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'Burası Türkiye!' 'This is Turkey!'

Economic Migrants

So, after being totally traumatised when Muğla central police station lost our original application for long-term residency during the change-over from the old ways of doing stuff, the new staff and system have completely redeemed themselves.

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I do understand that police stations can’t actually lose anything and anyway, I doubt the paperwork is lost – I bet it is still in the bottom of some filing cabinet drawer along with a whole bunch of other applications from people we know!

Six months, almost to the day, since the applications were re-submitted, an SMS arrived – they were on the way from Ankara! The tracking system functioned fine and on the first working day after they arrived in Ortaca the delivery guy rang to get our location. We’ve even had an SMS to tell us they’d been delivered to us in case we hadn’t noticed!

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These days the permit arrives in a white wallet sponsored by Turkish Airlines ‘Miles & Smiles’ – you can’t keep the world’s favourite airline down!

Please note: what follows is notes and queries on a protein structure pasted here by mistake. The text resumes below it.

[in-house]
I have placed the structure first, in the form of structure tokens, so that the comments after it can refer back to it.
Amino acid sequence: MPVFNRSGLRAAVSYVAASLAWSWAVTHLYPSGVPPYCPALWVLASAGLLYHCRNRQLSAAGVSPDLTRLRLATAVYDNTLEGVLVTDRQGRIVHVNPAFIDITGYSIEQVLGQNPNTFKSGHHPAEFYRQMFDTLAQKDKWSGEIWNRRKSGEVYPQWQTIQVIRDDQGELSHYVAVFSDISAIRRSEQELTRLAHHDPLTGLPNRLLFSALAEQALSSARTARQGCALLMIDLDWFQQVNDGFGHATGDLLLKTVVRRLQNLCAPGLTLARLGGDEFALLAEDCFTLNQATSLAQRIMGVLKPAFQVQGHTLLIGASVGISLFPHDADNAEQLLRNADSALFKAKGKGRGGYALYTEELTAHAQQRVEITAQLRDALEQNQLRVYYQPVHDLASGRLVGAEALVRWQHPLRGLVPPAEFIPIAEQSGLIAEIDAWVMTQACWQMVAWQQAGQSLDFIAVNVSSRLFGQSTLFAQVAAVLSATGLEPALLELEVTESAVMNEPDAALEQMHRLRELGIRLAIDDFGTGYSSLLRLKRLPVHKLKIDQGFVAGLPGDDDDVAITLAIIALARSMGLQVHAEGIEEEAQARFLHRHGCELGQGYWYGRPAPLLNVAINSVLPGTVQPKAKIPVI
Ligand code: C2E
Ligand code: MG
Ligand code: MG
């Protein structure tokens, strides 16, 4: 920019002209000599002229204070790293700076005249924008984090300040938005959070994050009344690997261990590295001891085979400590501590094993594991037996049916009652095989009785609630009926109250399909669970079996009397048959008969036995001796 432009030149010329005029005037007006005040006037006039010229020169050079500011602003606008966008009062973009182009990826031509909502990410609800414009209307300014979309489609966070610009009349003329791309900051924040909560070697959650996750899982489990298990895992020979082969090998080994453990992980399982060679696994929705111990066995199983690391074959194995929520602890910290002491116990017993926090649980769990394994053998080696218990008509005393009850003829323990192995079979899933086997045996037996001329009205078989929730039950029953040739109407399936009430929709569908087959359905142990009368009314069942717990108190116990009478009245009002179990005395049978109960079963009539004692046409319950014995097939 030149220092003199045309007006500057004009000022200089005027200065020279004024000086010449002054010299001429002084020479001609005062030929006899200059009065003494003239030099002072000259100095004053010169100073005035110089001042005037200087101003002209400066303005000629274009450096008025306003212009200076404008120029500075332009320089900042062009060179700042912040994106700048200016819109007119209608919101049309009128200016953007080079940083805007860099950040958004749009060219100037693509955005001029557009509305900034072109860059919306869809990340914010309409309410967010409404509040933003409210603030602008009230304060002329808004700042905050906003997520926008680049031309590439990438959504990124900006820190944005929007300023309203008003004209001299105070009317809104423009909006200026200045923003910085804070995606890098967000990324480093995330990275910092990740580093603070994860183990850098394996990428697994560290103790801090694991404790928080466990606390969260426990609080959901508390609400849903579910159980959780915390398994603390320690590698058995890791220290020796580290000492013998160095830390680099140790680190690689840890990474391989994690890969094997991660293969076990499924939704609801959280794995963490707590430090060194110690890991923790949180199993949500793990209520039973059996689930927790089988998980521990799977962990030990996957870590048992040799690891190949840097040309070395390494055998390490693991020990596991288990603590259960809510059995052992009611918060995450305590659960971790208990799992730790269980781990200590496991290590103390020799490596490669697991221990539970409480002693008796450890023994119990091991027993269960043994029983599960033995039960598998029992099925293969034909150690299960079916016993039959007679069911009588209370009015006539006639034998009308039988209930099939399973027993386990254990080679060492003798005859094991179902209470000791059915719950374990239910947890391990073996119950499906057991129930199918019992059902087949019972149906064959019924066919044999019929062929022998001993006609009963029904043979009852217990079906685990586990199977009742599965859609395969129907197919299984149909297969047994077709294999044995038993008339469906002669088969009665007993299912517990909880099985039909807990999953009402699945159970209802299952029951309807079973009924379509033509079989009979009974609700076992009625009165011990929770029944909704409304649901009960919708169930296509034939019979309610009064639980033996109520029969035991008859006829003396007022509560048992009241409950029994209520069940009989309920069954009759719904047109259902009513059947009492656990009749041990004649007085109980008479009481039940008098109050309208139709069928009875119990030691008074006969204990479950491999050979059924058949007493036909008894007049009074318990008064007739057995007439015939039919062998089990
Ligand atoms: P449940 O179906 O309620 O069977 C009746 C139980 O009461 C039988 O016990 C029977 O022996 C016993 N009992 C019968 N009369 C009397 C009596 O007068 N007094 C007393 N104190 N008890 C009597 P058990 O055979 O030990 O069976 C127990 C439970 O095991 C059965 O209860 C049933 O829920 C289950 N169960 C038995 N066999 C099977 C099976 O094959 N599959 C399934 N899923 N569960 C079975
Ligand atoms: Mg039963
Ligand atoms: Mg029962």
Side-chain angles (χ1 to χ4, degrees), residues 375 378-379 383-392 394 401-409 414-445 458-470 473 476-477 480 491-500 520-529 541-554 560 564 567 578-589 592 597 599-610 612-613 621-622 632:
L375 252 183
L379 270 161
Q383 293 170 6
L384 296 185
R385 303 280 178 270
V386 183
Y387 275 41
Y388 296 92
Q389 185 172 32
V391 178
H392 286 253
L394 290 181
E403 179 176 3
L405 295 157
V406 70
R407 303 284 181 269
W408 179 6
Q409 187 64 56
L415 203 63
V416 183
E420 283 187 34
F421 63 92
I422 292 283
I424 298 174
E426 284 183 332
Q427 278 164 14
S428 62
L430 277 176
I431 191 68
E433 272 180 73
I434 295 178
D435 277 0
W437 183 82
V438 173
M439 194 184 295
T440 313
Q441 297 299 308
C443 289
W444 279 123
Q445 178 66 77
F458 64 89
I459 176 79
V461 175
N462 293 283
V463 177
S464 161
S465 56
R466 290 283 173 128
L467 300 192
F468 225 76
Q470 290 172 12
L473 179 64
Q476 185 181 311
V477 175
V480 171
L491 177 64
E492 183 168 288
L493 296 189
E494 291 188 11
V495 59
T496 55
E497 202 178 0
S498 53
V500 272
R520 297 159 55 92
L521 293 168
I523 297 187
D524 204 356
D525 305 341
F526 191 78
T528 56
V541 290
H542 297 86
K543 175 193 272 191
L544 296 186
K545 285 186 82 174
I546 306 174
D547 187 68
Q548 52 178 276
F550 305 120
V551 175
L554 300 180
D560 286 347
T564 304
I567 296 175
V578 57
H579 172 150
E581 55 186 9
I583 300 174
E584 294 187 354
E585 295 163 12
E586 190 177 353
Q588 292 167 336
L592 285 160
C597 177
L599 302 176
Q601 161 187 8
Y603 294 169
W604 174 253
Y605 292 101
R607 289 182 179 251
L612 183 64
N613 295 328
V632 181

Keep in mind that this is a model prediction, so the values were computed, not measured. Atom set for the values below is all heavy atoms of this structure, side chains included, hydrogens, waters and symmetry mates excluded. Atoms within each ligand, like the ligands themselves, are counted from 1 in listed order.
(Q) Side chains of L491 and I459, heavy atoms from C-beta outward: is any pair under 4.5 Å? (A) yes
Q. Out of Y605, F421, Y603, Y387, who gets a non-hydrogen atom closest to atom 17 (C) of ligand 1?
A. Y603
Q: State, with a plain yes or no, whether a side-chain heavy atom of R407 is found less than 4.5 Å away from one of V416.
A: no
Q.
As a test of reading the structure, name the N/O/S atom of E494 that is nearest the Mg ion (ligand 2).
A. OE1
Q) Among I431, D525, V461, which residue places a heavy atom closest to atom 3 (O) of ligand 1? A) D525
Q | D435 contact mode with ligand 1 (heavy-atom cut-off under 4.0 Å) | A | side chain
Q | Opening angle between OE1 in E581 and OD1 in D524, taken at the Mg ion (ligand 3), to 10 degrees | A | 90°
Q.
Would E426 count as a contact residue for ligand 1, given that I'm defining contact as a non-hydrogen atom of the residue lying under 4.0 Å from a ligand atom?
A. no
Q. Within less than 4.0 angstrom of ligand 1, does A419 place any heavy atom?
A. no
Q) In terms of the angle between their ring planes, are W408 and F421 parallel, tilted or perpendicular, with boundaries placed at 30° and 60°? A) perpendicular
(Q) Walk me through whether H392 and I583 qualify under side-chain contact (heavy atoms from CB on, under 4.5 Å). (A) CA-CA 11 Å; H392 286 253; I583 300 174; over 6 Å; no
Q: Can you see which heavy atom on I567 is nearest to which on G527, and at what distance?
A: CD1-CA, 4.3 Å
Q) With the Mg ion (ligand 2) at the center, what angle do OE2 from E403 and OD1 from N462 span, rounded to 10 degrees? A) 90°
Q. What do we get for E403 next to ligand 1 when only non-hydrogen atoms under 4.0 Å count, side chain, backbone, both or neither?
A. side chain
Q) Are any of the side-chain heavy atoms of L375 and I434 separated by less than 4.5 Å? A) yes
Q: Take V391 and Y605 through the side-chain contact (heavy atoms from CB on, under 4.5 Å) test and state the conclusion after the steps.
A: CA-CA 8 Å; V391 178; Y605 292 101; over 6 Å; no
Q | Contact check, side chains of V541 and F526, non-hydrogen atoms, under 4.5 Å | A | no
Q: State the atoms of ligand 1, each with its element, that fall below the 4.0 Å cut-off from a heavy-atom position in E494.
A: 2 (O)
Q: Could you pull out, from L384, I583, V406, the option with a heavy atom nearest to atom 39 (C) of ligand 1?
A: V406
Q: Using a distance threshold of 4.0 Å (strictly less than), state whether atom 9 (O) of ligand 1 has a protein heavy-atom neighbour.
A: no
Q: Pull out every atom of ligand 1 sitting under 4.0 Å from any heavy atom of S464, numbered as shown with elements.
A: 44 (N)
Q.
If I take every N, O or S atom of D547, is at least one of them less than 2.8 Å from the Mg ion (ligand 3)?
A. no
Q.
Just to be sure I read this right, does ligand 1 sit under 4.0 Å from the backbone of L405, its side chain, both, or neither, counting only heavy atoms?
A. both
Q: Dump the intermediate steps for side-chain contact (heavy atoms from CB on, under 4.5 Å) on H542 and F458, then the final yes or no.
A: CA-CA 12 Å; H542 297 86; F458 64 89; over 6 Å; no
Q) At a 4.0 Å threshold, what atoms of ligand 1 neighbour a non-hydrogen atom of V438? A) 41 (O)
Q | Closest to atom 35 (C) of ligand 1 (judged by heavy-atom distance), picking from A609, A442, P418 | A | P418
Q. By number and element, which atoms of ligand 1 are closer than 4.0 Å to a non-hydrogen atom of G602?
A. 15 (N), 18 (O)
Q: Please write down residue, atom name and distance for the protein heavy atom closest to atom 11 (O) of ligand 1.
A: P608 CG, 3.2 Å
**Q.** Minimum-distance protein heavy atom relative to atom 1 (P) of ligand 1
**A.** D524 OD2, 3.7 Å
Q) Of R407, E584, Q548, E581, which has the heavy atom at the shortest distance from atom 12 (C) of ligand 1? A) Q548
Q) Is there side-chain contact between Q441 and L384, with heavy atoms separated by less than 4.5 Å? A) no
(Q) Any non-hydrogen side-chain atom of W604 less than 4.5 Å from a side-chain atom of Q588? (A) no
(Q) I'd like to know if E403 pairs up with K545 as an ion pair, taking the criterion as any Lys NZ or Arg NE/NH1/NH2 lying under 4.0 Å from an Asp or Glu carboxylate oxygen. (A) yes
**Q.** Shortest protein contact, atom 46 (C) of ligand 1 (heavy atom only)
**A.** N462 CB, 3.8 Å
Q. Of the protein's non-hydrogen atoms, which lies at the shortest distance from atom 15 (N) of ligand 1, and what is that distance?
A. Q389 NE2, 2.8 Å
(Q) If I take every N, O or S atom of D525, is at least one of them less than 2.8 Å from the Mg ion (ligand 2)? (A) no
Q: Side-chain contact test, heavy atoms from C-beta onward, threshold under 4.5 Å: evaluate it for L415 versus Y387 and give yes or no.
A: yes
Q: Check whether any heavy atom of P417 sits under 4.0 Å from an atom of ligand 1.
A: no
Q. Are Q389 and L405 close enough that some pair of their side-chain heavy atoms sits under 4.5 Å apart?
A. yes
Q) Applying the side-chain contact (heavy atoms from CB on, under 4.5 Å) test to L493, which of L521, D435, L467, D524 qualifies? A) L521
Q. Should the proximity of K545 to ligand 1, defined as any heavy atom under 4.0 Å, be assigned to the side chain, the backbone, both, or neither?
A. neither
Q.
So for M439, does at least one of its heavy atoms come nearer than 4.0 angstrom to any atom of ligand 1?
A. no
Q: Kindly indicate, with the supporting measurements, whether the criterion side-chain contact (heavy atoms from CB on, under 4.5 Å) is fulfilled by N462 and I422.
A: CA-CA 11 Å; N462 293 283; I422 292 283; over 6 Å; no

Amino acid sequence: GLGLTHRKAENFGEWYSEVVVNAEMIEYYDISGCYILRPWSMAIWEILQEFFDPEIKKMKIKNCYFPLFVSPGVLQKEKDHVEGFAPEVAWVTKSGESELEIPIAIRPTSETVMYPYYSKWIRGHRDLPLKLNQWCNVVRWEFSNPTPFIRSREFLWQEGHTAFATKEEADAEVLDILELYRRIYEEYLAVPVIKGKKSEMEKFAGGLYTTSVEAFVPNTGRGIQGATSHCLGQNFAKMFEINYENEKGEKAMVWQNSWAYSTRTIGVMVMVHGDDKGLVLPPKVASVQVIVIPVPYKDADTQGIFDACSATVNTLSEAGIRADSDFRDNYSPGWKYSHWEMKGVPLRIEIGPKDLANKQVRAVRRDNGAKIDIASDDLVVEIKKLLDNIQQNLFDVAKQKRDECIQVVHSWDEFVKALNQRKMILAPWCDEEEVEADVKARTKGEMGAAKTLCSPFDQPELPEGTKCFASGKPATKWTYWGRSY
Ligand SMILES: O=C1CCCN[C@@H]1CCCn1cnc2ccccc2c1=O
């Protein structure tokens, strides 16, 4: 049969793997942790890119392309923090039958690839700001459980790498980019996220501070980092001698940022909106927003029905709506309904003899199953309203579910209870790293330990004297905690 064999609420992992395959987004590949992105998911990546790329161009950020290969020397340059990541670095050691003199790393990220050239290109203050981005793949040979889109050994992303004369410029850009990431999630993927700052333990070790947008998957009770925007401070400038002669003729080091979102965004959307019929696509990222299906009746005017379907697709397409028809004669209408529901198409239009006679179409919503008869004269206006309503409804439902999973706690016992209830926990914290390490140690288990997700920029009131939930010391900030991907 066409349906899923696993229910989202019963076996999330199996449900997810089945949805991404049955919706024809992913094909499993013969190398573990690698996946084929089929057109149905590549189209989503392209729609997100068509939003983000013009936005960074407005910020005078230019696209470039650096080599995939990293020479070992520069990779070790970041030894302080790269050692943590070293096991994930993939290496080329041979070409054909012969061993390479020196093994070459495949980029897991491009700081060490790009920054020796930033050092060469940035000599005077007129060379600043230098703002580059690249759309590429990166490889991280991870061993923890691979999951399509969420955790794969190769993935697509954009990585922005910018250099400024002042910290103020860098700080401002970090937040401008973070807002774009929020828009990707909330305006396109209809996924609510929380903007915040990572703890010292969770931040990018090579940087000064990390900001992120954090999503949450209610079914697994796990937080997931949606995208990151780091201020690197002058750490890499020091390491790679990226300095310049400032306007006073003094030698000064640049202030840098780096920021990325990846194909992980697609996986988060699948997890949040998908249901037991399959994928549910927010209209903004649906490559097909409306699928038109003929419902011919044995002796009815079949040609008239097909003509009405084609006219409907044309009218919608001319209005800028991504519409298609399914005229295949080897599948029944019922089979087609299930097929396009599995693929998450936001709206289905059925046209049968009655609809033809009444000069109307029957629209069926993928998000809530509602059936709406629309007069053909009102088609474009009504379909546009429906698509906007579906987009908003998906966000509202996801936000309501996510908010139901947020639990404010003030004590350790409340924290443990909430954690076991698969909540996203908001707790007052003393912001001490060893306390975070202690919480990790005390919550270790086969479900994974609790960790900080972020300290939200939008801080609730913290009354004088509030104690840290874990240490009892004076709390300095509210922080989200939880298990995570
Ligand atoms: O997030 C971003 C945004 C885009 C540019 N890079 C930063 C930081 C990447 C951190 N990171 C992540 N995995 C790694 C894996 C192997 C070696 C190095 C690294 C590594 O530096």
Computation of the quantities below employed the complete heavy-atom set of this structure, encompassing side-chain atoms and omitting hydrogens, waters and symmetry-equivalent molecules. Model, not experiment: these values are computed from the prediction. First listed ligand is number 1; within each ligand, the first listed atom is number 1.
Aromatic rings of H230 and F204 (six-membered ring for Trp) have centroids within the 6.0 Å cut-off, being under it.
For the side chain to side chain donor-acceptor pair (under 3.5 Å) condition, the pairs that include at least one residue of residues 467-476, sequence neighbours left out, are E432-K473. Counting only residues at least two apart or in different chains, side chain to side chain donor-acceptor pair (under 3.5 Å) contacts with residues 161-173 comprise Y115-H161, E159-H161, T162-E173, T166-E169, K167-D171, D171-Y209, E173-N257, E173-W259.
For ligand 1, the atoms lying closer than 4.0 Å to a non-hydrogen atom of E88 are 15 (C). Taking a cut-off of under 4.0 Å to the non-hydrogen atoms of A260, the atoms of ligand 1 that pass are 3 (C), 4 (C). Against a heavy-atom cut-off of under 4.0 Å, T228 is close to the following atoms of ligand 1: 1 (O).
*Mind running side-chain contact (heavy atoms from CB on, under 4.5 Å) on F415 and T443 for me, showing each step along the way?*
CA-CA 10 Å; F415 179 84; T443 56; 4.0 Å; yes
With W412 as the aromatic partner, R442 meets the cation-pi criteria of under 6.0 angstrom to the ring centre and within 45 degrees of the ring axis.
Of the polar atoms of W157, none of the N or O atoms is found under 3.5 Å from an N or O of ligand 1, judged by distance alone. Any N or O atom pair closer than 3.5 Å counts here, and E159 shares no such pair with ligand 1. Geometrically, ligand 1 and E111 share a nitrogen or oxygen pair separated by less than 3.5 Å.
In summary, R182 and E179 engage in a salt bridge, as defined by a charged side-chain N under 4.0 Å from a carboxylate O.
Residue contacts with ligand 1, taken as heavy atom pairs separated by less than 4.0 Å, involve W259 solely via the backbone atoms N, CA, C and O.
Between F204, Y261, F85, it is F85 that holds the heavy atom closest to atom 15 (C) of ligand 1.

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look carefully at this photo and you’ll see that Ortaca police are also kind to street animals

Thanks go to the delightful and very helpful police lady in Ortaca who got all the duplicates together and then rang and pleaded with Murat at the Migration Directorate in Muğla to see us and get everything sorted asap. He did! Forty minutes after we walked through his office door we were on our way home – job jobbed!

Unless the elixir of life turns up in the form of a wine bottle we’ll never have to go through this stuff again. These long-term permits are valid until 31st December 2099 – gawd help us if we forget or don’t last long enough to renew – trust me, you really don’t want to fall foul of the bureaucracy here!

Alan Fenn, a legal, long-term economic migrant in Turkey.

Stuff

Bottled Out!

It was back in the halcyon days of my youth, when I was misguided (or misled) enough to believe that ‘serving Queen and country’ was actually a beneficial thing for the majority of the world’s population, that I first heard the word ‘bottle’ used in a different context from that of a glass thing with alcohol inside.